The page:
The right of foreclosure is a right available to a mortgagee to recover his outstanding money. The relevant provisions regarding foreclosure are contained under Section 67 of The Transfer of Property Act.
This right of foreclosure can be exercised when the mortgage money is due but not paid by the mortgagor & is available to the holder of a legal mortgage and, in certain circumstances, the holder of an equitable mortgage but not to the holder of a pledge or a charge.
As per this right, the mortgagee can obtain a court decree which debars the mortgager of his right of redemption.
CONDITIONS FOR RIGHT OF FORECLOSURE-
The right of foreclosure can be exercised only when the following conditions are fulfilled –
- The money has become due for payment.
- There are no contrary conditions in the mortgage deed.
- At any time after the mortgage money has become due to the mortgagee but before the mortgagor gets a decree of redemption of the mortgaged property
- At any time after the mortgage money has become due to him but before the mortgage money has been paid or deposited by the mortgagor.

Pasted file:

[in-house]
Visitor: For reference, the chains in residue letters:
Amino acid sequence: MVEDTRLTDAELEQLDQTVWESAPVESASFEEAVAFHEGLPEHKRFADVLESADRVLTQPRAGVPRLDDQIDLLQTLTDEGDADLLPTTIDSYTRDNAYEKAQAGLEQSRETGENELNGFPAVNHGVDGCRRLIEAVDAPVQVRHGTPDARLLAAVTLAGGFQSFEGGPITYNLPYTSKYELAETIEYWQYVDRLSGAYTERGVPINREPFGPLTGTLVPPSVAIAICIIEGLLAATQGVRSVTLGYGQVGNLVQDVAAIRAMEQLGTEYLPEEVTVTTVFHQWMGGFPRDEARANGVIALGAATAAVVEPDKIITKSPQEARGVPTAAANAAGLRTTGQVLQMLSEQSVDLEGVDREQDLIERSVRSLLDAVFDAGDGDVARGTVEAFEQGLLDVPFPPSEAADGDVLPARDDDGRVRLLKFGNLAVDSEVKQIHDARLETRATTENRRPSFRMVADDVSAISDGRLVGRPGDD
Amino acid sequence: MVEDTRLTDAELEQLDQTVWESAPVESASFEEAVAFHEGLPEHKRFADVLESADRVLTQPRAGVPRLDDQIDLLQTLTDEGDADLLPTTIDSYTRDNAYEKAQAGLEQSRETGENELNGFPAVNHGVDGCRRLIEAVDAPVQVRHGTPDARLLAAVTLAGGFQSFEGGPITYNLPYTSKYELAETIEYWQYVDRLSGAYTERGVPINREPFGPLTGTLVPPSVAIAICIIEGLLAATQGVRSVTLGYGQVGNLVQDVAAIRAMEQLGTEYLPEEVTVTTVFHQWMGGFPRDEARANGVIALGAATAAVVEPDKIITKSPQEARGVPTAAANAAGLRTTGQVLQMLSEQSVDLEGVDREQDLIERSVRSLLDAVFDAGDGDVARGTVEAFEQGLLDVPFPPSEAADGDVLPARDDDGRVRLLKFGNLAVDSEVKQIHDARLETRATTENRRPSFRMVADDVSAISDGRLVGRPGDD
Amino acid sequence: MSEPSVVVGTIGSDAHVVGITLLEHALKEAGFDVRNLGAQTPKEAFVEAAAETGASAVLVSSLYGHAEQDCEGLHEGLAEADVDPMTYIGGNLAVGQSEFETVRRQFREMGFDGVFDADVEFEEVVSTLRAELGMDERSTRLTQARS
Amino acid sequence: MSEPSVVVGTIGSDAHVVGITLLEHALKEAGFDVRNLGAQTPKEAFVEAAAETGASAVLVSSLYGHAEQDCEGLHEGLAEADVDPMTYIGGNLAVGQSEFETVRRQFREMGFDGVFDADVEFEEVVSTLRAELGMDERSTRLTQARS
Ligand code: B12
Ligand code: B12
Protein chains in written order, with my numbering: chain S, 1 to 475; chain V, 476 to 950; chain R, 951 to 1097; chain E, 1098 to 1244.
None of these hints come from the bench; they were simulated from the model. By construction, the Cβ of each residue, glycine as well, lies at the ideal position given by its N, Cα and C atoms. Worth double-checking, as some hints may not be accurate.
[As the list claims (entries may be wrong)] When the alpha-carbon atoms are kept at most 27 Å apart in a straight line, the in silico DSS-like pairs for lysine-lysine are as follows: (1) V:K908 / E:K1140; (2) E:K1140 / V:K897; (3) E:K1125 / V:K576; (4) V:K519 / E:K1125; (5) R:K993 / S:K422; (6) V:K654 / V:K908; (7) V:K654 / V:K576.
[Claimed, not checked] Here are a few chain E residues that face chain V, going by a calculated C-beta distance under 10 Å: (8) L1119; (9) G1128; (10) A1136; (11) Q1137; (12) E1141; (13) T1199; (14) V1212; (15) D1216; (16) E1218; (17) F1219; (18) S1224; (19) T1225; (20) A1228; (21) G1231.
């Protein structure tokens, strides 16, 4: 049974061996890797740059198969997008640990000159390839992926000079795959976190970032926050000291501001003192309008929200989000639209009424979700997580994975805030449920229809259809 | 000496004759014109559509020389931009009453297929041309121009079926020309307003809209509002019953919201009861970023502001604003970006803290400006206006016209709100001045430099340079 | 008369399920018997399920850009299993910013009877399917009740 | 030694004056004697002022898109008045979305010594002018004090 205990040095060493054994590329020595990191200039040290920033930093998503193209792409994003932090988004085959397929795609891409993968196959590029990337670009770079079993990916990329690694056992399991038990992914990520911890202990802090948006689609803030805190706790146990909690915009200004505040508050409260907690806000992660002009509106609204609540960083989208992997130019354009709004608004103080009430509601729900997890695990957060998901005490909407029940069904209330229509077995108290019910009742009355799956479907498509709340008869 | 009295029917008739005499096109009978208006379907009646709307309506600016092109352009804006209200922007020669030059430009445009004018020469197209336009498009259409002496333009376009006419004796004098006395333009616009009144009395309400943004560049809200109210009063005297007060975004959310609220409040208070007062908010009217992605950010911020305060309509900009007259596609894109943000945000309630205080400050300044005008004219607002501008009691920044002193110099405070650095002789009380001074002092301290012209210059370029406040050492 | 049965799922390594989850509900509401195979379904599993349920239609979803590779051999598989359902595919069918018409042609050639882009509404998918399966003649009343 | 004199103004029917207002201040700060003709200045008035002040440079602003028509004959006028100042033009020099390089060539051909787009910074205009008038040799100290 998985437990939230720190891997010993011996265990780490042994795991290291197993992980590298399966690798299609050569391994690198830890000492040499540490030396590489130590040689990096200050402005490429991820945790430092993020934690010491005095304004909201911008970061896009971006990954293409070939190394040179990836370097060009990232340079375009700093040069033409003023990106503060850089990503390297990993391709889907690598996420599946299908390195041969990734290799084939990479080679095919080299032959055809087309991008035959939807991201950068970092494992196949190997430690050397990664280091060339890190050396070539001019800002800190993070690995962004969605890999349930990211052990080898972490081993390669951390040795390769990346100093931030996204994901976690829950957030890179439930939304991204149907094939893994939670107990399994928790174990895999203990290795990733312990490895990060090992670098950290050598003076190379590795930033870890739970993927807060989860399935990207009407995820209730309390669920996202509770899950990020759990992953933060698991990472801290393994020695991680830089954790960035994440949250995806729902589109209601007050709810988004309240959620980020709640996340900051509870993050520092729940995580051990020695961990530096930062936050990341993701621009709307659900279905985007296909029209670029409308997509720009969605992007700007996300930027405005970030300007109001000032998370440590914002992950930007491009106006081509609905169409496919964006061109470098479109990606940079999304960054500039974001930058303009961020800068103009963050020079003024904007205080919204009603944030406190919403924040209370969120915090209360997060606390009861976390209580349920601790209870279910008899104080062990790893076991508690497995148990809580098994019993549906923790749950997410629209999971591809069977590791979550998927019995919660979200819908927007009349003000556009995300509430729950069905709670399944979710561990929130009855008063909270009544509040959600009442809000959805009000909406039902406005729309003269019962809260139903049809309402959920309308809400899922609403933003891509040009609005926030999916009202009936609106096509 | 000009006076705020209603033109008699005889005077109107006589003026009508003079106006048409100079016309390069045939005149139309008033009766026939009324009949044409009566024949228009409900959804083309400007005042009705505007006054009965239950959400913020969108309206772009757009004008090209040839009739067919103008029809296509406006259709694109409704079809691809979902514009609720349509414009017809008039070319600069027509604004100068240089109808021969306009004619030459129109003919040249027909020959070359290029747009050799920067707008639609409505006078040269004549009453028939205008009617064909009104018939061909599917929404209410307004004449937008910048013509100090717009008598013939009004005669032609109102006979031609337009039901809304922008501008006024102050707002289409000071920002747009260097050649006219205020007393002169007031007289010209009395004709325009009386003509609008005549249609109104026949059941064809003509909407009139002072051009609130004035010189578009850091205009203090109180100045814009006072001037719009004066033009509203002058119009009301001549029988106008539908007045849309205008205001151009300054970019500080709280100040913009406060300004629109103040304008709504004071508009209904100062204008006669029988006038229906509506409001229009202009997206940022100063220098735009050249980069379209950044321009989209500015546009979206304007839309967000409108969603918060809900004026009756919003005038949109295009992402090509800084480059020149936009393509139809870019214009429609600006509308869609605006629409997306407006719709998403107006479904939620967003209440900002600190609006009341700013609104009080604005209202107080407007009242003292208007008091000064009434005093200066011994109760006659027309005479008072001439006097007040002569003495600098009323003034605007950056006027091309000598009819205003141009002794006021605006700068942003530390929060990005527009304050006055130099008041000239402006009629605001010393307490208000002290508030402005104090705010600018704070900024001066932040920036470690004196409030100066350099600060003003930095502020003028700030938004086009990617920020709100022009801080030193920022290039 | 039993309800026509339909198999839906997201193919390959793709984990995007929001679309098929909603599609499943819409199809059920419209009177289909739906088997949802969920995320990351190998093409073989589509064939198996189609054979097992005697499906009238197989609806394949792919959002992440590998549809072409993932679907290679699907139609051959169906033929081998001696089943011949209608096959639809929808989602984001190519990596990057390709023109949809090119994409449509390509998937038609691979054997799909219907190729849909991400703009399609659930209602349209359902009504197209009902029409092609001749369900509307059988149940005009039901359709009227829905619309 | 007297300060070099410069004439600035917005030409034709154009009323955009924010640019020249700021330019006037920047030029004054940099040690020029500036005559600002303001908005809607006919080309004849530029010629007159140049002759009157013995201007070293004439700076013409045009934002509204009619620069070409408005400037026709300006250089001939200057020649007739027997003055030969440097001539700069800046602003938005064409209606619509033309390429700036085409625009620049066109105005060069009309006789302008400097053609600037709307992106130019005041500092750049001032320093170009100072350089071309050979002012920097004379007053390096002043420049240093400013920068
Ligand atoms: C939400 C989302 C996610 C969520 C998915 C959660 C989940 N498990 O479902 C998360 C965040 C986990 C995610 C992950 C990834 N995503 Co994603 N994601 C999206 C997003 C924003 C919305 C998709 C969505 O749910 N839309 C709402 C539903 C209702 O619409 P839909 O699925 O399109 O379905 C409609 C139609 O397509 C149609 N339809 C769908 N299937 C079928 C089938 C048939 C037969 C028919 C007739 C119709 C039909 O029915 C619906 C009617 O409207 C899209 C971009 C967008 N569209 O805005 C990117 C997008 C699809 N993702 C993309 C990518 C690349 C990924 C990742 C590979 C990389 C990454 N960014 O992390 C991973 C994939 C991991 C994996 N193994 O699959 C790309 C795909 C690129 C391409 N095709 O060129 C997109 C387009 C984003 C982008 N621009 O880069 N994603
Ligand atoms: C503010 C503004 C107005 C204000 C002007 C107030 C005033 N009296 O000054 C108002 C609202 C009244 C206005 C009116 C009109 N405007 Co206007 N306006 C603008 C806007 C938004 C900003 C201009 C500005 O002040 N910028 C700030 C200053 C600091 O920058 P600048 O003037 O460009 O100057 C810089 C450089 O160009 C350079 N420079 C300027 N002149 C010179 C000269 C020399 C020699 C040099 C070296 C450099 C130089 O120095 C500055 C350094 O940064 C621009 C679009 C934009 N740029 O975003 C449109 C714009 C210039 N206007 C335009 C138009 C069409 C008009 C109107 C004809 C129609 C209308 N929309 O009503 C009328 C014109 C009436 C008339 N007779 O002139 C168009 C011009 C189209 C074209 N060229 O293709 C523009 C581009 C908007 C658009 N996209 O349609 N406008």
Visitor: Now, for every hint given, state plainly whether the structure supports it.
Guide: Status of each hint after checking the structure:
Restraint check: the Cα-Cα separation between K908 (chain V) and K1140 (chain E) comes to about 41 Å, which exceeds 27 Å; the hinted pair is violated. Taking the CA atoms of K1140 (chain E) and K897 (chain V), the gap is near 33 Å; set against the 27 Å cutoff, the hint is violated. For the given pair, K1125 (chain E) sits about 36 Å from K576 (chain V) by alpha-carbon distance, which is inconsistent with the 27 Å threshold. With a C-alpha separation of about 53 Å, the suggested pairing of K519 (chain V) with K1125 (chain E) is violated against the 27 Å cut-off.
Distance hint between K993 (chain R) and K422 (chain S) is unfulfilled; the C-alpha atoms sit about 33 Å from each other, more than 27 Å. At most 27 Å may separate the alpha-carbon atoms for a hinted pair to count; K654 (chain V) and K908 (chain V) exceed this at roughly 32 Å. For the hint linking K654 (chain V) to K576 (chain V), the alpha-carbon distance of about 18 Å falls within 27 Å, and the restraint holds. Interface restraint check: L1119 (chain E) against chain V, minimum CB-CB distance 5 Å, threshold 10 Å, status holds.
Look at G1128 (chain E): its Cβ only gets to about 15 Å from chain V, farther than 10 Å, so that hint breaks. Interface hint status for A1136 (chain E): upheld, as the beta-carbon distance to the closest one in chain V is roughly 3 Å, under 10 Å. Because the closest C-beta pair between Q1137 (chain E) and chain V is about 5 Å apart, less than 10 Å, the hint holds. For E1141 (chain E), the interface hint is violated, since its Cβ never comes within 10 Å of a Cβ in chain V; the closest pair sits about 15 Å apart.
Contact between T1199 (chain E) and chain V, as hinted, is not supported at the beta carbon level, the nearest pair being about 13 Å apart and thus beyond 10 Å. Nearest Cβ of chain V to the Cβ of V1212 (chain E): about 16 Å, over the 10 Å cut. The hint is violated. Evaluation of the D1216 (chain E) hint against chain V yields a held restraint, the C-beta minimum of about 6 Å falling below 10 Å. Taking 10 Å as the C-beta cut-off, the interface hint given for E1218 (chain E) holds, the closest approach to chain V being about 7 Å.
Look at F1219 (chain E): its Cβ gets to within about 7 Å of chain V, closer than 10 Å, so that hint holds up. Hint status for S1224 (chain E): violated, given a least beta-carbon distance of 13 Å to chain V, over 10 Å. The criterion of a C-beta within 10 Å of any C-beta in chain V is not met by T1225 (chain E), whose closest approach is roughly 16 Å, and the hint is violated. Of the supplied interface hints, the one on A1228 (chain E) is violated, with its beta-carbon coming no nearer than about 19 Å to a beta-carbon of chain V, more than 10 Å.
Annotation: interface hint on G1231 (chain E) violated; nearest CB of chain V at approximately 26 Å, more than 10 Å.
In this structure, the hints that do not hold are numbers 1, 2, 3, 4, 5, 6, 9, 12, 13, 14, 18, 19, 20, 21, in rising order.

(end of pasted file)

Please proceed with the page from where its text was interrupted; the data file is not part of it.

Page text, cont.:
After the mortgage money has become due, the mortgagor can pay off his debt in three ways:
- By tendering or making payment of the mortgage money directly to mortgagee
- By filing a suit for redemption
- By depositing the amount in court.
However, when mortgagor fails to redeem the property, the mortgagee does not become the owner of the property, he has to file a suit for recovery of the amount due. The limitation period for instituting a suit is 12 years.
Thus, in simple words, Foreclosure is the legal process by which a lender seizes and sells a home or property after a borrower is unable to fulfill his or her repayment obligation.